Amid all the sterile political sparring, the most significant development in the Assembly stand- off has been the one that has been almost totally ignored – the UK governments’ publication of a summary of measures which would form the basis of a Northern Ireland (Stormont House Agreement ) Bill to be included in the Queens Speech at the beginning of the Westminster session. With the addition of the paramilitary monitoring review , the summary confirms the obvious fact that the SHA agenda is the only show in town for ending the crisis .
The summary confirms the view that behind the scenes there has been progress already over an agreement on dealing with the past. Among the most significant statements:
On dealing with the past both national Parliaments will pass legislation to ensure the measures work effectively. This should be accompanied by constant monitoring of the arrangements by both governments As set out in the Agreement, the UK Government will make full disclosure to the new beefed up Historic Investigations Unit
Taken at face value the promise of full UK disclosure contained in the original SHA and repeated several times here, should draw some of the sting out of nationalist criticisms of government cover up over collusion and controversial killings – despite the right of the British government to prevent disclosure on national security grounds. If Sinn Fein wish to continue positioning as champions of disclosure, here is a strong incentive to cooperate.
On political reform, in addition to existing plans for an Opposition, it’s proposed to increase the period from 7 to 14 days for allocating ministers to departments. This is to allow time for the parties to agree on a meaningful Programme for Government rather than separate wish lists. This is pretty modest stuff but at least it’s a start.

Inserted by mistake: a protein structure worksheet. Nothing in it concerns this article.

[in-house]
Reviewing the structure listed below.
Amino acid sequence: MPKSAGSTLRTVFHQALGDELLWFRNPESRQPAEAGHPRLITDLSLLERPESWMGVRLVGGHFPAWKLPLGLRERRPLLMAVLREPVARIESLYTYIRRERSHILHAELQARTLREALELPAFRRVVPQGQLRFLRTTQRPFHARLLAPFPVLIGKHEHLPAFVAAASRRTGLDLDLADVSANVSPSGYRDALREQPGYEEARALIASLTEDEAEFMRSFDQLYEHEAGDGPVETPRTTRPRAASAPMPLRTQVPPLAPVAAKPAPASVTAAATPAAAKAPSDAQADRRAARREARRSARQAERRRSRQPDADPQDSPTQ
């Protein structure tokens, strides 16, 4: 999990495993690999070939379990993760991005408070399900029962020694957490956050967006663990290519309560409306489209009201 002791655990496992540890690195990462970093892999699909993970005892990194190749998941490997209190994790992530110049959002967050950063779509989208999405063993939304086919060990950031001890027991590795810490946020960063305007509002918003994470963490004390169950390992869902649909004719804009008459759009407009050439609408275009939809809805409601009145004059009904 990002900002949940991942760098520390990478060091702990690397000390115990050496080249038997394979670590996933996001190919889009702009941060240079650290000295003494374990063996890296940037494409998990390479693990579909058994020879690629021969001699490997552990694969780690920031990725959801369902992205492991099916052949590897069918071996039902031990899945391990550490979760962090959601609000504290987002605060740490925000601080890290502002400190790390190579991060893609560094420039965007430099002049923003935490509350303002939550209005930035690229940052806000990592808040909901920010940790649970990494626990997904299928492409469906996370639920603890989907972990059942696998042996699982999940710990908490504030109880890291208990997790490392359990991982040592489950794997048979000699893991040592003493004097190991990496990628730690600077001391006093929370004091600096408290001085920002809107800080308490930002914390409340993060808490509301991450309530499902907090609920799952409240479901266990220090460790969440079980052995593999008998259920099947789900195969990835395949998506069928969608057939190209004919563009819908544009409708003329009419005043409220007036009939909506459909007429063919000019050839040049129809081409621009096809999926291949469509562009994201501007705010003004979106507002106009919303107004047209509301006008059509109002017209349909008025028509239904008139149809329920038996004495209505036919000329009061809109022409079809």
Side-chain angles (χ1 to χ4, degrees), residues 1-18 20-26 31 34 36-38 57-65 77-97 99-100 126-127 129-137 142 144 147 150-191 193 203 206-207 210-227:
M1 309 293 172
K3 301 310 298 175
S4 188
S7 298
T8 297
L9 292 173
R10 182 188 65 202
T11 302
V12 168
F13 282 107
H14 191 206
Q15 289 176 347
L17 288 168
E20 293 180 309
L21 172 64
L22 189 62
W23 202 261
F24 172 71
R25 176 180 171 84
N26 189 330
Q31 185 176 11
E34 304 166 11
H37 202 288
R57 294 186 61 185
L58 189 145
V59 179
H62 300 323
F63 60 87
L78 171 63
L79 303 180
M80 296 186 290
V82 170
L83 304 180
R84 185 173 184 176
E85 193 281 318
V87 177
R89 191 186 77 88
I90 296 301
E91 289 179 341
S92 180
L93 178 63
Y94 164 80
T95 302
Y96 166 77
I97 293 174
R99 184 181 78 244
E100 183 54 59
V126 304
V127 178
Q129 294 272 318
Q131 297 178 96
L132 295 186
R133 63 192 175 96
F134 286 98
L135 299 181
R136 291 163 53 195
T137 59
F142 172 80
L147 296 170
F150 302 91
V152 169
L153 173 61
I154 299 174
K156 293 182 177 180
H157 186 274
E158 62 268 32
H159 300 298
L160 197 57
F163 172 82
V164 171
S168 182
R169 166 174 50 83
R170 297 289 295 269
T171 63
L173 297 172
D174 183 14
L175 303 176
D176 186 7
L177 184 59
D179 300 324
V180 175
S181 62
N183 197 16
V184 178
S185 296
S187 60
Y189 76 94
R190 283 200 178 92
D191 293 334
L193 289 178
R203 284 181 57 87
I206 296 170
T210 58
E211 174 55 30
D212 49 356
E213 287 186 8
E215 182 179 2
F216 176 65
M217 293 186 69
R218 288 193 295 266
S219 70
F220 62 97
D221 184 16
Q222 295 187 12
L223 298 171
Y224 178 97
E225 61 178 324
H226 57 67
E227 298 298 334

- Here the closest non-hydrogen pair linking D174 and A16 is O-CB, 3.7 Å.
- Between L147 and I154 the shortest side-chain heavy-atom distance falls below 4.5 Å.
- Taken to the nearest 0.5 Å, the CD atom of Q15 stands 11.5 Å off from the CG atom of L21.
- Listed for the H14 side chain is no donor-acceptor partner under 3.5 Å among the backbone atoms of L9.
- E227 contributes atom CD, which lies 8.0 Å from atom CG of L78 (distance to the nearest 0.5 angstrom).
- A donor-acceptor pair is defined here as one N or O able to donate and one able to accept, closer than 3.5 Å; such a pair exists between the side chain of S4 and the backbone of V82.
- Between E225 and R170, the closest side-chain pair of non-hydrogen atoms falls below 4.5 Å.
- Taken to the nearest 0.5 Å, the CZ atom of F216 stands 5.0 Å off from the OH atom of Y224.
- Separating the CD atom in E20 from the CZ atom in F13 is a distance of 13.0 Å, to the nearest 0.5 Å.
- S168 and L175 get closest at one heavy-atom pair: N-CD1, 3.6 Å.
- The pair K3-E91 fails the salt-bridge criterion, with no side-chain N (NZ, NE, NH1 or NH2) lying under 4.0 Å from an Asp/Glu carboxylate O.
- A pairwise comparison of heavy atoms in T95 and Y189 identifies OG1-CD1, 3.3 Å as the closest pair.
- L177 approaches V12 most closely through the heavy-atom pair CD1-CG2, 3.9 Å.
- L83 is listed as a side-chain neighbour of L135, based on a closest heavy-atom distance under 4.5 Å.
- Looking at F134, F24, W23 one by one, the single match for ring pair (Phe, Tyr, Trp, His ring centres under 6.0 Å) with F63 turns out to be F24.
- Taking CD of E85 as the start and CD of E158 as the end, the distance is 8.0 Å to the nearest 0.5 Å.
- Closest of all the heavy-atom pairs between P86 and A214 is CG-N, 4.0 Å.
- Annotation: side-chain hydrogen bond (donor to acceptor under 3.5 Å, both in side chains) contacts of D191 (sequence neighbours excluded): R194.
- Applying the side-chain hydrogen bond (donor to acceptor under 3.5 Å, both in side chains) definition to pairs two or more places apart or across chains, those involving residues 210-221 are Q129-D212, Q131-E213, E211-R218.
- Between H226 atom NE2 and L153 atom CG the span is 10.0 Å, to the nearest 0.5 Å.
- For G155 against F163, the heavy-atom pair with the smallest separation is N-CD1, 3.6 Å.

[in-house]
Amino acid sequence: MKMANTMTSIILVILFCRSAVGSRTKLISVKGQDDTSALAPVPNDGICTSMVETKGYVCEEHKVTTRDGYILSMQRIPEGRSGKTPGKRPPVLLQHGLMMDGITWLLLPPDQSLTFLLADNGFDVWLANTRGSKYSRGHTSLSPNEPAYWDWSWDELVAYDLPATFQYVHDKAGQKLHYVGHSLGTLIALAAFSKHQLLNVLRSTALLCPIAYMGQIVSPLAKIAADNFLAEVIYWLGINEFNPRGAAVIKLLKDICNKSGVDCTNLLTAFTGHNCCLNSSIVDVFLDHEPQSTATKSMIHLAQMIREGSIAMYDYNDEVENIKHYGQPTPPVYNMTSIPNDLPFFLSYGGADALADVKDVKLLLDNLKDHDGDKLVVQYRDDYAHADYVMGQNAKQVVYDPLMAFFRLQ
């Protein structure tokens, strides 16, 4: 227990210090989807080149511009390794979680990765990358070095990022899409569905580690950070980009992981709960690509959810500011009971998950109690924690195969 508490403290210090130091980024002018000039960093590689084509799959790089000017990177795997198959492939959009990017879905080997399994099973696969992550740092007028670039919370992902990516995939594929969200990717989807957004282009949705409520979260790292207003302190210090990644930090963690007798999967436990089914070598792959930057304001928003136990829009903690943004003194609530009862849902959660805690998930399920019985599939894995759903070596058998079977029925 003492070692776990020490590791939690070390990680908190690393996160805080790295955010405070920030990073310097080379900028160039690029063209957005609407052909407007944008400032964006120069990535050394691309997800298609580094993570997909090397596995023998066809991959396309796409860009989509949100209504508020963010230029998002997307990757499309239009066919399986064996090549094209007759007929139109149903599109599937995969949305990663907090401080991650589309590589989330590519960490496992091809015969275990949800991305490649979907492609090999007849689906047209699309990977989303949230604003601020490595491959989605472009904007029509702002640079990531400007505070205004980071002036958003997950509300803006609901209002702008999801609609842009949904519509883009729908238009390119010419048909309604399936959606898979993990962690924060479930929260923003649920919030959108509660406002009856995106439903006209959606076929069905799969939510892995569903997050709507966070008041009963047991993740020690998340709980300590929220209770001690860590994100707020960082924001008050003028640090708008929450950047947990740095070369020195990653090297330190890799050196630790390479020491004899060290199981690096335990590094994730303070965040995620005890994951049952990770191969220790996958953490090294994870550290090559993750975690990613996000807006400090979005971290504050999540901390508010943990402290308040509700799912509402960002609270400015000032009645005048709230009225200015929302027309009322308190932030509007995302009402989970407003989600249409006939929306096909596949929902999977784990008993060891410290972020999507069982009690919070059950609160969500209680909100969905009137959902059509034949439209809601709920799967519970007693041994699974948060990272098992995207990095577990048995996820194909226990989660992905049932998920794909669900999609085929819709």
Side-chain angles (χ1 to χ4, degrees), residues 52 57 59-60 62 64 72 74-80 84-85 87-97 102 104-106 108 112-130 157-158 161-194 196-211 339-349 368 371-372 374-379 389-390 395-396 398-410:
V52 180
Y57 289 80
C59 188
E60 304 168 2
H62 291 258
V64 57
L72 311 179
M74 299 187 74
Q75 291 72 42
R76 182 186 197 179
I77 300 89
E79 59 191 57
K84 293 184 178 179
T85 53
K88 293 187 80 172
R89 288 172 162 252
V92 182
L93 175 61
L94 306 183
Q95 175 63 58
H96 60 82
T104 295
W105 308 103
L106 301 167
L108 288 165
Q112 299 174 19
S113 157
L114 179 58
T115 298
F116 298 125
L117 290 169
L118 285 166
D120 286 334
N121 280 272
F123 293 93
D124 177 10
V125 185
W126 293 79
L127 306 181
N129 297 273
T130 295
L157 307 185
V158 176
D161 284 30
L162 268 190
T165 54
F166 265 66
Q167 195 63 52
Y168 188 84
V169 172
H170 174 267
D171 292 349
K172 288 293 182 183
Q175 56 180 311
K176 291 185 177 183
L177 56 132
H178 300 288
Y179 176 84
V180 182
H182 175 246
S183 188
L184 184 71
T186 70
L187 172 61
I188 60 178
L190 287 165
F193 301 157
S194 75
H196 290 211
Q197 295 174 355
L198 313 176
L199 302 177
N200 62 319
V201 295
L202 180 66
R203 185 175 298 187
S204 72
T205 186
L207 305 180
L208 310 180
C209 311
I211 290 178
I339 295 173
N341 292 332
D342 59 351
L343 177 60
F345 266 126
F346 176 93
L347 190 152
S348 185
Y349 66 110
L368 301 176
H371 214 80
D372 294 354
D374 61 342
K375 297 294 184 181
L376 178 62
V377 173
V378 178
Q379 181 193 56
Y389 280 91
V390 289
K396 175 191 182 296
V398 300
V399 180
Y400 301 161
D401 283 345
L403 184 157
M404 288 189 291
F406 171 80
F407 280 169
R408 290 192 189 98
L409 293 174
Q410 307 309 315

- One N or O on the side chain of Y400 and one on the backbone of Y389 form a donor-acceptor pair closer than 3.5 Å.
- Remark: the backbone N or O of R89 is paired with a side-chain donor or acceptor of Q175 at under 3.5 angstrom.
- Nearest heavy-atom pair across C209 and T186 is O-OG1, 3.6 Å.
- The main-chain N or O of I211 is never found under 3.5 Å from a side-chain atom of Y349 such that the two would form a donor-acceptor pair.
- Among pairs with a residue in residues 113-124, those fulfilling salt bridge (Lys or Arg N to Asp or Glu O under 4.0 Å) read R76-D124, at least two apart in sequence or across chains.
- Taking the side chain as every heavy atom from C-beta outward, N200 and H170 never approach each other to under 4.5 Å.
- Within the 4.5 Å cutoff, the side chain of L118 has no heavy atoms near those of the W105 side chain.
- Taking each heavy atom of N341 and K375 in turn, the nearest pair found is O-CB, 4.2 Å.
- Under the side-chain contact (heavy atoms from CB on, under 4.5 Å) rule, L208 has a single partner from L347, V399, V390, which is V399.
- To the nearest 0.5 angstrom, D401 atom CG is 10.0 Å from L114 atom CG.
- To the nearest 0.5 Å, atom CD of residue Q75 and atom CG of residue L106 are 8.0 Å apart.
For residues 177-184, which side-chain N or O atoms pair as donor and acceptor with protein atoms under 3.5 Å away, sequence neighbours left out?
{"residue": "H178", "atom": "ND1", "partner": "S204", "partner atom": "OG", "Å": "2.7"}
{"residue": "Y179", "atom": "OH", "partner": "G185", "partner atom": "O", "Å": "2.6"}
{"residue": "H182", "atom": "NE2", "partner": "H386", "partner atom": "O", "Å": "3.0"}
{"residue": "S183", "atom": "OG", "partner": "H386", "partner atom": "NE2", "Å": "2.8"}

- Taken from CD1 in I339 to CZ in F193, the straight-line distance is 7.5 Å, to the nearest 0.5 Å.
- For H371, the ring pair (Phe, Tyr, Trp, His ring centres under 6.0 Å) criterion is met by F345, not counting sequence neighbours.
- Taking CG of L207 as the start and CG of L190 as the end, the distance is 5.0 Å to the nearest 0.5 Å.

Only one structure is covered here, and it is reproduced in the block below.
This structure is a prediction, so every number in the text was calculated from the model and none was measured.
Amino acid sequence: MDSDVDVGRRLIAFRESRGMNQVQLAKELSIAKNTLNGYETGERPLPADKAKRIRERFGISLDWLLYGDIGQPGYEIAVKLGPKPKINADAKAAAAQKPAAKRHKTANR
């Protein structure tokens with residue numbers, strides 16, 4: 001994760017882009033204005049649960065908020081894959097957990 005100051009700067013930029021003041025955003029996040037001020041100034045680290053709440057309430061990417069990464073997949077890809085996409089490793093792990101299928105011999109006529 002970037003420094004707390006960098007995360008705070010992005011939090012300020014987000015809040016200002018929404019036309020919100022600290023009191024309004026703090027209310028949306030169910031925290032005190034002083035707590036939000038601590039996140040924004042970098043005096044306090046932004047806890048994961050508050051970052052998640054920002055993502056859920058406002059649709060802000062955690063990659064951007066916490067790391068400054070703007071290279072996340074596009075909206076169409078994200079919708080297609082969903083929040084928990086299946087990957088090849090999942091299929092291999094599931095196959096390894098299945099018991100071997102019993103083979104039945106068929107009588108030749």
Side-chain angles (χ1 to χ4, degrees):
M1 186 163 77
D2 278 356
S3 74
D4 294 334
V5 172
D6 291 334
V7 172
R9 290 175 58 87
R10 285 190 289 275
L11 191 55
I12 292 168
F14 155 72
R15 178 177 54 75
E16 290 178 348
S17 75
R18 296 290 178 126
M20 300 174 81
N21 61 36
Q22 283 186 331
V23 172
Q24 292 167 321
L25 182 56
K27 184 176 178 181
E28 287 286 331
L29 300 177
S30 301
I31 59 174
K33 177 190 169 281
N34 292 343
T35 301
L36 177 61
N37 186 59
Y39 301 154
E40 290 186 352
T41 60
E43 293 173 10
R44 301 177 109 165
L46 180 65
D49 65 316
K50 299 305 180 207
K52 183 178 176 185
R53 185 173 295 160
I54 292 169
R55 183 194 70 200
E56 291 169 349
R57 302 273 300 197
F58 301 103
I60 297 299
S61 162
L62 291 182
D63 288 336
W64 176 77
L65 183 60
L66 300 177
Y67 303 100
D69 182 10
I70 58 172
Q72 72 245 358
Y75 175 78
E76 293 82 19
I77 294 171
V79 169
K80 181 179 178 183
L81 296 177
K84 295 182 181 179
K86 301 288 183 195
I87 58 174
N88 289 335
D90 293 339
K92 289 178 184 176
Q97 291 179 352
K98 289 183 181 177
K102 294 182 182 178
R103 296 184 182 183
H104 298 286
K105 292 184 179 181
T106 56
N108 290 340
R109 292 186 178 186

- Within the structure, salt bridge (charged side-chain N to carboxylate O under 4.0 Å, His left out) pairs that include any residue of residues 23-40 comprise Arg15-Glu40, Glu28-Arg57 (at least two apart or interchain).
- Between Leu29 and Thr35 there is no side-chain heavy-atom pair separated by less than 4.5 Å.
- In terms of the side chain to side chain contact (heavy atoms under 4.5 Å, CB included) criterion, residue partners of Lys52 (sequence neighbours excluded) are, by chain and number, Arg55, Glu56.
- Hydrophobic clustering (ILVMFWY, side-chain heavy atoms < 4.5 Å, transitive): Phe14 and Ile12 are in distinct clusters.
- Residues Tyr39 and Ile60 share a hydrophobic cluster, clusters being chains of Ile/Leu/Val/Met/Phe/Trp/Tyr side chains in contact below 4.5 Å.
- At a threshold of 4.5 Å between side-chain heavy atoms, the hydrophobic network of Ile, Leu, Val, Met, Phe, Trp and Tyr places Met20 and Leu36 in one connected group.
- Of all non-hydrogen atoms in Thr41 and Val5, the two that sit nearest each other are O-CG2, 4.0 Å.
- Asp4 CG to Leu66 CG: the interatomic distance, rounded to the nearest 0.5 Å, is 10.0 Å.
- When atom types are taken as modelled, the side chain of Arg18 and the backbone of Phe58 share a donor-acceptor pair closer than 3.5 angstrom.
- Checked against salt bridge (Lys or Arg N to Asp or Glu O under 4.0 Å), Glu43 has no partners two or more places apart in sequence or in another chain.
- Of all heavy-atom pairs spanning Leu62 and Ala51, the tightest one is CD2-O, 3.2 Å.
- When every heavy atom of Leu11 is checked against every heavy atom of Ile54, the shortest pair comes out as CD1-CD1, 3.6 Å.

Finally the government will introduce the SHA package including the £150 million to finance it only if the parties agree to end the standoff. Agreement on welfare reform seems no further forward and Westminster may still have to legislate to impose it unless the Executive parties cannot agree to some reallocation of priorities and levy water charges and increase the rates, even if delayed until after the Assembly elections scheduled for next May.
The task now is to get the venting over in the next couple of weeks before getting down to specifics. Will British funding and other pressure succeed in getting agreement on these familiar and in most cases modest reforms? Even the welfare and budgetary crisis should be manageable by accepting the UK governments welfare terms and reallocating £50 to £70 million from the local budget, according to economist John Simpson. And then (no doubt after the elections) the introduction of :
Annual phased “inflation plus 3%” increase in the regional domestic rate to begin to narrow the existing underfunding from households for rates.
A commitment to withdraw the remaining industrial de-rating arrangements partially to offset the cost of corporation tax relief to businesses.
Prescription charges at a fixed rate.
As a preliminary to an agreed water charging system, a fixed charge per household (levied as part of the domestic rates bill) of £100 each year.
Proposals like these would be a sensible start. Even these unpopular changes would leave households in Northern Ireland with lower household charges than already apply in other regions.
A comparison with the Republic might even convince Sinn Fein this is not a bad long term deal.
Former BBC journalist and manager in Belfast, Manchester and London, Editor Spolight; Political Editor BBC NI; Current Affairs Commissioning editor BBC Radio 4; Editor Political and Parliamentary Programmes, BBC Westminster; former London Editor Belfast Telegraph. Hon Senior Research Fellow, The Constitution Unit, Univ Coll. London